in Drone News by Drone Captain

FAA Part 107 Highlights:

  • You can fly during daylight or in twilight (30 minutes before official sunrise to 30 minutes after official sunset, local time) with appropriate anti-collision lighting.
  • Minimum weather visibility is three miles from your control station.
  • The maximum allowable altitude is 400 feet above the ground, and higher if your drone remains within 400 feet of a structure.
  • The maximum speed is 100 mph (87 knots).
  • You can’t fly a small UAS over anyone who is not directly participating in the operation, not under a covered structure, or not inside a covered stationary vehicle.
  • No operations from a moving vehicle are allowed unless you are flying over a sparsely populated area.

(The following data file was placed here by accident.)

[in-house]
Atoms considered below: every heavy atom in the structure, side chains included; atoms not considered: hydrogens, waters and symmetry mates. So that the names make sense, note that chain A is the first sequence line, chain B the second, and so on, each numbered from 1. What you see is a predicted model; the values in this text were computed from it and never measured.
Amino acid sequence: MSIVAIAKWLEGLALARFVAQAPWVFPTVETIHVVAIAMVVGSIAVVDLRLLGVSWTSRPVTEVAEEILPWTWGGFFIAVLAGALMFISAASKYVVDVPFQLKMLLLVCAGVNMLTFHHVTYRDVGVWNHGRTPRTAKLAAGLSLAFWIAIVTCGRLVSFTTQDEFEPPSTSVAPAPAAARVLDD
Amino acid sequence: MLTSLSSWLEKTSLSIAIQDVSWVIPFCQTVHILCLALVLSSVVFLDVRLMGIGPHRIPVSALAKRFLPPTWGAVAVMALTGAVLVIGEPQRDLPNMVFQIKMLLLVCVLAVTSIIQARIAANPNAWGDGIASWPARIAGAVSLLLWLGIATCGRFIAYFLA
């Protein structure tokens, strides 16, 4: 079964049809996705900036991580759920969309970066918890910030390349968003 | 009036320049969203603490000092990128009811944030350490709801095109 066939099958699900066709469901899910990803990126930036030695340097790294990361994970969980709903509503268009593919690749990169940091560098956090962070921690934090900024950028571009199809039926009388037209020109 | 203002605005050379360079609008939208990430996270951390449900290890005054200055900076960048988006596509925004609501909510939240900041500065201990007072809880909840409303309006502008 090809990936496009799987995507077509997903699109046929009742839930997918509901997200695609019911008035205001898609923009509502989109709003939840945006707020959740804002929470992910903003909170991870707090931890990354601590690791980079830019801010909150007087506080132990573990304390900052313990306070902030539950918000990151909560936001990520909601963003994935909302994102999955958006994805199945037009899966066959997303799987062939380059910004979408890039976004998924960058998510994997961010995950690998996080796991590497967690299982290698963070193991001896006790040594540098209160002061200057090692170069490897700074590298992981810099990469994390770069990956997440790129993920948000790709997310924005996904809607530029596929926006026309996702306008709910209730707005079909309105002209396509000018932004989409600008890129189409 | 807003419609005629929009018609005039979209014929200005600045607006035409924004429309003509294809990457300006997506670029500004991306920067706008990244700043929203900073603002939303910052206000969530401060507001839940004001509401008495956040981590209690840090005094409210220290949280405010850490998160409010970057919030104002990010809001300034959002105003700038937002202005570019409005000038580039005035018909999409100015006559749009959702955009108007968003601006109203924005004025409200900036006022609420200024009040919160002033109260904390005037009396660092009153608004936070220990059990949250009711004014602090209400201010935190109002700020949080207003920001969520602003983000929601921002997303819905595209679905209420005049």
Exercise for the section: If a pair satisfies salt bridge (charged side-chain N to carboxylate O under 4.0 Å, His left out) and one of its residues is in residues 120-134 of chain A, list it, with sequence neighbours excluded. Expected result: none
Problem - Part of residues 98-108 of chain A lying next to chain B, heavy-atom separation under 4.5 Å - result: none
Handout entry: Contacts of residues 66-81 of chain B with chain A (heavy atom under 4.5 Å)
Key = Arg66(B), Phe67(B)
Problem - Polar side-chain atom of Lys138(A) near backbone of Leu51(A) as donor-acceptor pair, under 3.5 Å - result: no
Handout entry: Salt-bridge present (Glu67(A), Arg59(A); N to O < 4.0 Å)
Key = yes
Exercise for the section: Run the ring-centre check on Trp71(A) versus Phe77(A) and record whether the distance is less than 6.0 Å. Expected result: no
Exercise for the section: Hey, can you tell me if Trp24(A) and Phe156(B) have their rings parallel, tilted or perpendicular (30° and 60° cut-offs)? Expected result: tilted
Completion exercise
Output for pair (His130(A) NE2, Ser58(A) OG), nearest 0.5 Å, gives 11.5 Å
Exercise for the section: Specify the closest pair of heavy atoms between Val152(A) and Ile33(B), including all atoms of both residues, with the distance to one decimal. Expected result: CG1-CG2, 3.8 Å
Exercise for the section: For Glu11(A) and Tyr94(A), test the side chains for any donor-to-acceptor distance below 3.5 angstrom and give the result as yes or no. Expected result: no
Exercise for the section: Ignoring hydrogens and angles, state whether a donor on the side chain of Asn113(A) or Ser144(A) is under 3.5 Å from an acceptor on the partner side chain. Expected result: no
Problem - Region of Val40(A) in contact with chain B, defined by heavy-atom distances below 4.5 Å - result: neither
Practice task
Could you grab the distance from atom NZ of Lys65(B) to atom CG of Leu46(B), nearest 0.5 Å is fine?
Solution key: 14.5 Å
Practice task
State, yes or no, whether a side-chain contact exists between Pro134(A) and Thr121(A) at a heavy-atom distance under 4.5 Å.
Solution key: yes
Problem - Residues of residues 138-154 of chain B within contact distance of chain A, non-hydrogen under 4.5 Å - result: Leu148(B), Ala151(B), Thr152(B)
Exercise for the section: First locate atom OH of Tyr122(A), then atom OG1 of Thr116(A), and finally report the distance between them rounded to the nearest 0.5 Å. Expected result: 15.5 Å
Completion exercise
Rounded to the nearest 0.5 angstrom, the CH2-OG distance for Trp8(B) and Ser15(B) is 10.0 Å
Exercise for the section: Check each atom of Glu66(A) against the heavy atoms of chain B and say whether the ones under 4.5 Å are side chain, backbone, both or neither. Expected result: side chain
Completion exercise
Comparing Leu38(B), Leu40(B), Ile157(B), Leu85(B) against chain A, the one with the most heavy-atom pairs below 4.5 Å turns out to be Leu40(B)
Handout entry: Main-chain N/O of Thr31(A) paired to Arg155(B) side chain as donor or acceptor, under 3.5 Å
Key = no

• You can carry an external load if it is securely attached and does not adversely affect the flight characteristics or controllability of the aircraft.
  • You also may transport property for compensation or hire within state boundaries provided the drone – including its attached systems, payload and cargo – weighs less than 55 pounds total and you obey the other flight rules. (Some exceptions apply to Hawaii and the District of Columbia. These are spelled out in Part 107.)
  • To operate the controls of a small UAS under Part 107, you need a remote pilot airman certificate with a small UAS rating, or be under the direct supervision of a person who holds such a certificate.
  • You must make your drone available to the FAA for inspection or testing on request, and you must provide any associated records required to be kept under the rule.
  • You must report to the FAA within 10 days any operation that results in serious injury, loss of consciousness, or property damage (to property other than the UAS) of at least $500.
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